Now let me introduce another element into this story: hip hop. I fell in love with hip hop at the age of 16. I'm talking about the kind of hip hop that educated, inspired, empowered and amazed me. I'm talking about ghetto prophets, poor righteous teachers and those who used their words to be the CNN for black people, marginalised people – they were the voice of our people and they commanded the stories that we told to ourselves about ourselves. I’m talking about the type of hip hop where people would spend all night playing beats, rapping and free-styling, immersed in the beats, in love with the art form and enjoying the power our words had to navigate our reality. This is the hip hop I knew and fell in love with. Hip hop raised me into the woman I am today, gave me confidence, gave me strength, gave me courage and gave me the ability to breathe power into words. 

There are few things in life more empowering than being one of the only females in a room full of tall, hot, sweaty, testosterone-filled young men all hungry for a moment on the microphone and you pushing your way to the front, grabbing the mic for the first time and using your 16 bars (which is more or less one minute) to speak your truth over a beat and in my case to challenge the rapper who went up before, who was speaking about women in a derogatory way. The power I gained from being a daughter of hip hop did not leave me when I became a Muslim, neither did my passion for using the mic to speak my dreams into the atmosphere. 

I had formed a group with my best friend, called Poetic Pilgrimage, before we became Muslims. We made hip hop and wrote spoken word poetry because we had to; because it was part of our disposition and our purpose; because without the means to express ourselves was like being without the means to breathe; because sometimes our hearts would overflow with verse and we had no choice but to share it. Hip hop was never a commercial concept for us, we didn't think about it from a business perspective – all we knew was that we had to do this.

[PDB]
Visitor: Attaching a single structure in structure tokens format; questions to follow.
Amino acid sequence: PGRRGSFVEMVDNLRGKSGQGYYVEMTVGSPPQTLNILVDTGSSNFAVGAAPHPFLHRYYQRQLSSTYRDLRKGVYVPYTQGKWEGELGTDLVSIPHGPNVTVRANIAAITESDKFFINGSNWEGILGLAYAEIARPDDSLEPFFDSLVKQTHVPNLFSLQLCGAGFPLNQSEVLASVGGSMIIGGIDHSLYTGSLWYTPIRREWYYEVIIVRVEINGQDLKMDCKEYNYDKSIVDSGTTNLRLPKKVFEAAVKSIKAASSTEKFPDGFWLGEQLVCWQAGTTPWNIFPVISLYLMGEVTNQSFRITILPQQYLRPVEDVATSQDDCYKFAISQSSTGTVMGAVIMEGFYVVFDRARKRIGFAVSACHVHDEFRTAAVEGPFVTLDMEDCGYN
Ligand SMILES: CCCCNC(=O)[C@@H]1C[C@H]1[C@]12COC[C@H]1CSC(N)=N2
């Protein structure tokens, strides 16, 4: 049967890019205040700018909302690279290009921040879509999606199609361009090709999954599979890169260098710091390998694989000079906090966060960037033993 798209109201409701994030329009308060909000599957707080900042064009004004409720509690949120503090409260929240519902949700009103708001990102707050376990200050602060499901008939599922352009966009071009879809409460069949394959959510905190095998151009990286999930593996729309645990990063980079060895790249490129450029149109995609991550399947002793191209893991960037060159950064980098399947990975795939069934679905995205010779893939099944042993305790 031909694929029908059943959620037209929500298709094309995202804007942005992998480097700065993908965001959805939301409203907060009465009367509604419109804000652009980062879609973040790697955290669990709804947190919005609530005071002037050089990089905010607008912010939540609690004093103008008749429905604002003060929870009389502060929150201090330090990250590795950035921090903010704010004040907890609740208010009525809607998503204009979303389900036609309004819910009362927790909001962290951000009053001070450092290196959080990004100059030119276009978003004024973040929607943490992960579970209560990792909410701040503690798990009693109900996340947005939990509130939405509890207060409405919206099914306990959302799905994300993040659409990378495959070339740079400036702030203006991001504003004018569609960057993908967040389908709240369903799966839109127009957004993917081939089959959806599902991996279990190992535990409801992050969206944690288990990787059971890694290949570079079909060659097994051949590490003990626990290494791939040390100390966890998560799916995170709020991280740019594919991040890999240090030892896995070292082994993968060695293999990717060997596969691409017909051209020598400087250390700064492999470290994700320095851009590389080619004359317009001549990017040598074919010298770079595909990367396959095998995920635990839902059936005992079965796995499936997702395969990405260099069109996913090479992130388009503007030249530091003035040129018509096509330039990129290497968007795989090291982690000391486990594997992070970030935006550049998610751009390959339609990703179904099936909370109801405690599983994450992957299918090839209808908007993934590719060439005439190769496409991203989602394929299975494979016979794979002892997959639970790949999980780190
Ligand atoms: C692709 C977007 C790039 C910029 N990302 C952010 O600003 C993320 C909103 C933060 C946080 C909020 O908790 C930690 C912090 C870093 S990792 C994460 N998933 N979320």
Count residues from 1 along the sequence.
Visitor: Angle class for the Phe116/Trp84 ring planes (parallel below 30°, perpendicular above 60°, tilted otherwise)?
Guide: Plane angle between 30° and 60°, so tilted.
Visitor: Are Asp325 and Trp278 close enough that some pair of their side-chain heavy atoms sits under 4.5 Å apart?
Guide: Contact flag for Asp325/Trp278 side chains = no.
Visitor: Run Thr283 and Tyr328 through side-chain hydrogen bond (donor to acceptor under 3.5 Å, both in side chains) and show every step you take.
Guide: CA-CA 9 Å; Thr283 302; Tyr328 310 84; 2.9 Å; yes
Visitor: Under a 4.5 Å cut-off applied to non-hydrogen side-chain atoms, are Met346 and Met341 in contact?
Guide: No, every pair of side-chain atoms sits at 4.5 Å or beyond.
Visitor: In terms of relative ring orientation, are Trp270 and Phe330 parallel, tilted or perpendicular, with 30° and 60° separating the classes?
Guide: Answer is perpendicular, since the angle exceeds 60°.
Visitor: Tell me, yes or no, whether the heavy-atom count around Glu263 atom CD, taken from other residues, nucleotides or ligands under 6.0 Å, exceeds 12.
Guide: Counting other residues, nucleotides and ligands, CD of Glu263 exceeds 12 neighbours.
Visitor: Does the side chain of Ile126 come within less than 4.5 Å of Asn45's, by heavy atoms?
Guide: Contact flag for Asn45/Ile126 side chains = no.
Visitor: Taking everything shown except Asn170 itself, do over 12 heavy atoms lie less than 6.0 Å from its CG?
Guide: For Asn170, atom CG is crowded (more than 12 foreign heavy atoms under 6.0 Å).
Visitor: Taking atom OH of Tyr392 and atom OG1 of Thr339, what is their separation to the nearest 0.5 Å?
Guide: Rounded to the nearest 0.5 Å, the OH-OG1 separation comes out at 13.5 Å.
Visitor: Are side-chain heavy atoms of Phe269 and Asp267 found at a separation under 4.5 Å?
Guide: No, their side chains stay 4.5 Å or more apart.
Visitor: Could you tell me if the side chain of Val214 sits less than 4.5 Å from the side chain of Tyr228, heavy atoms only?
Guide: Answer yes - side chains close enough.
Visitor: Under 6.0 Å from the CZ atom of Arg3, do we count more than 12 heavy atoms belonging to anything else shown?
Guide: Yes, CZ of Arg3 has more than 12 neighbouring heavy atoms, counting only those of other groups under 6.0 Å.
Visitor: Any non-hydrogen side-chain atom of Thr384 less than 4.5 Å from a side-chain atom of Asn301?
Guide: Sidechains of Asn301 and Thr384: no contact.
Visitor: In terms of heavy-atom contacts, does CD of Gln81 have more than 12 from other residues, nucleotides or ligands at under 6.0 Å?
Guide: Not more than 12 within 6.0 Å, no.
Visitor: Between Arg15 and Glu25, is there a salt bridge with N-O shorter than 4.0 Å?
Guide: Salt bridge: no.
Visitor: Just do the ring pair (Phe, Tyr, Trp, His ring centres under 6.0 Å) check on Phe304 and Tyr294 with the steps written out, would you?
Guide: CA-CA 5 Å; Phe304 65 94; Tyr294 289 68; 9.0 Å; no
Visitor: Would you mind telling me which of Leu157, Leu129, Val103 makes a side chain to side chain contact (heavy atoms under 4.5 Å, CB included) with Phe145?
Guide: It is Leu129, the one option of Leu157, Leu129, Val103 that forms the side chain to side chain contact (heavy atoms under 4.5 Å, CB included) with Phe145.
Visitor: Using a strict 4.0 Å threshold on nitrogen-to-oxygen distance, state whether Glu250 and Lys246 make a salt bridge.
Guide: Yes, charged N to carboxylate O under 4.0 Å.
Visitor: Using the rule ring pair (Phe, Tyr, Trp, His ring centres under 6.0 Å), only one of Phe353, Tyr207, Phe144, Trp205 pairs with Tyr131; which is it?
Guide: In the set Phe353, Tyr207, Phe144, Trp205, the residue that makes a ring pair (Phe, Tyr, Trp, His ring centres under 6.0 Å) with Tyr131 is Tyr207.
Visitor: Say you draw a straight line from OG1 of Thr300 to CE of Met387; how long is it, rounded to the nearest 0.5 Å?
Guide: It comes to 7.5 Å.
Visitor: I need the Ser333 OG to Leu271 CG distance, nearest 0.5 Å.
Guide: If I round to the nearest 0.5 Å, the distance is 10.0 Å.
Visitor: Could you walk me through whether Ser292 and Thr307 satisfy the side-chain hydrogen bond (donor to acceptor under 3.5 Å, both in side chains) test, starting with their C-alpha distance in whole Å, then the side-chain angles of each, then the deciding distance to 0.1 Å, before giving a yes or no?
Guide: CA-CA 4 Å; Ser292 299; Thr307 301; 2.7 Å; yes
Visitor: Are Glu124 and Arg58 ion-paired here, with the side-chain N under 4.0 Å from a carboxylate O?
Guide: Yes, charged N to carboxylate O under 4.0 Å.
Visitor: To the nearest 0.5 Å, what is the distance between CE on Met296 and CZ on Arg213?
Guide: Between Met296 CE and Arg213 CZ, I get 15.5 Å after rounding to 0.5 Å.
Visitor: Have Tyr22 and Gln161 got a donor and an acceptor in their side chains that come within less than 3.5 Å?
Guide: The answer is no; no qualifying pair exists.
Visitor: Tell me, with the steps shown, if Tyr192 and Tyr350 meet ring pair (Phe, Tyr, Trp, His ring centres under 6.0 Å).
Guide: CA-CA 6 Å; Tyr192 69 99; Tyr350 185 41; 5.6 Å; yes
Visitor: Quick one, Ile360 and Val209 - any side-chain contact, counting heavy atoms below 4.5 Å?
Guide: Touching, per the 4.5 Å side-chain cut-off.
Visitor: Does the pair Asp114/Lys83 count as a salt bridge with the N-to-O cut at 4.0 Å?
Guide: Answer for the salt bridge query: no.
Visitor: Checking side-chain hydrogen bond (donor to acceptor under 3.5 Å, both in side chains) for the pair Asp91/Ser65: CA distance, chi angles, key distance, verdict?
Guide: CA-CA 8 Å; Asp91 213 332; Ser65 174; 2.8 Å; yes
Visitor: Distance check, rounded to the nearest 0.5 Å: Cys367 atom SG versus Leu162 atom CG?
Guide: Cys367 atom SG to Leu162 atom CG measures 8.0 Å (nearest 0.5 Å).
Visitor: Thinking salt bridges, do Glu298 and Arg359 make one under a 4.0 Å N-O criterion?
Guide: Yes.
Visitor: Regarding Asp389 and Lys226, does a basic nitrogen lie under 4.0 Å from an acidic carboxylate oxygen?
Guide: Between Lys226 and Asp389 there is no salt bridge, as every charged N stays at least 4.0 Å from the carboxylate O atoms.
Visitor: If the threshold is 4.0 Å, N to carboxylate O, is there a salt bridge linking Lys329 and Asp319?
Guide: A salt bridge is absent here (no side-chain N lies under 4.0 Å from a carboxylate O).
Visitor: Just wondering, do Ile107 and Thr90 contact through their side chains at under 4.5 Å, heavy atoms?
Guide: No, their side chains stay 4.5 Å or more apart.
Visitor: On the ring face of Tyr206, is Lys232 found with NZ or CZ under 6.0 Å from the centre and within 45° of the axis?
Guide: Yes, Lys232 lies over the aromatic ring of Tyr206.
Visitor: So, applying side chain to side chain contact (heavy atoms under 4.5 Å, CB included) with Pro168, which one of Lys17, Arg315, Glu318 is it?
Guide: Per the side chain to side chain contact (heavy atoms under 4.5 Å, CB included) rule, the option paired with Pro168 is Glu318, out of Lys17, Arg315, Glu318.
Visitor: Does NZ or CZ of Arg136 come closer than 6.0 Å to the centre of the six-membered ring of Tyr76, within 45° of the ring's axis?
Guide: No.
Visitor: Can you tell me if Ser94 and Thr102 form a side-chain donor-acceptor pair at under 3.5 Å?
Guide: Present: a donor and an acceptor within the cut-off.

And we definitely didn't think about the repercussions or the backlash that would come from being two Muslim women wearing headscarves, using hip hop to speak our truth. The Muslim community in Britain were in for a big shock when we arrived on the scene! Our experience was like two wings of a bird; one wing loved us, loved our voices, our presence and our message. Many Muslim women felt represented through us and Muslim youth felt acknowledged. In the context of post 7/7 when the media and government’s gaze was on the Muslim community, organisations were now able to present a different picture of British Muslims in the form of us: we were young, we were women, we were Jamaican, we were ‘urban,’ we were like a diversity picnic all in one. We were invited across the country, and in many cases, we were the first women ever to perform on some of these platforms. 

But there was also the backlash, the other wing. The more conservative and fundamental members of the community abhorred what we were doing, saw the mixing of Islam and hip hop as sacrilegious and as a disrespect to the religion, to the culture and also as a pollutant to the youth. We were regarded as immoral, immodest (even though we were fully covered) and deviant. We were written about online and spoken about on Islamic television. We were seen as a problem: utilising the music of the infidel within an Islamic context was unacceptable. We would perform and people would shout out ‘Haraam’ which means forbidden in Arabic; we would perform and men would walk out of the room. Promoters would be asked not to invite us to perform, or suggest we perform sitting on a chair, or behind a curtain.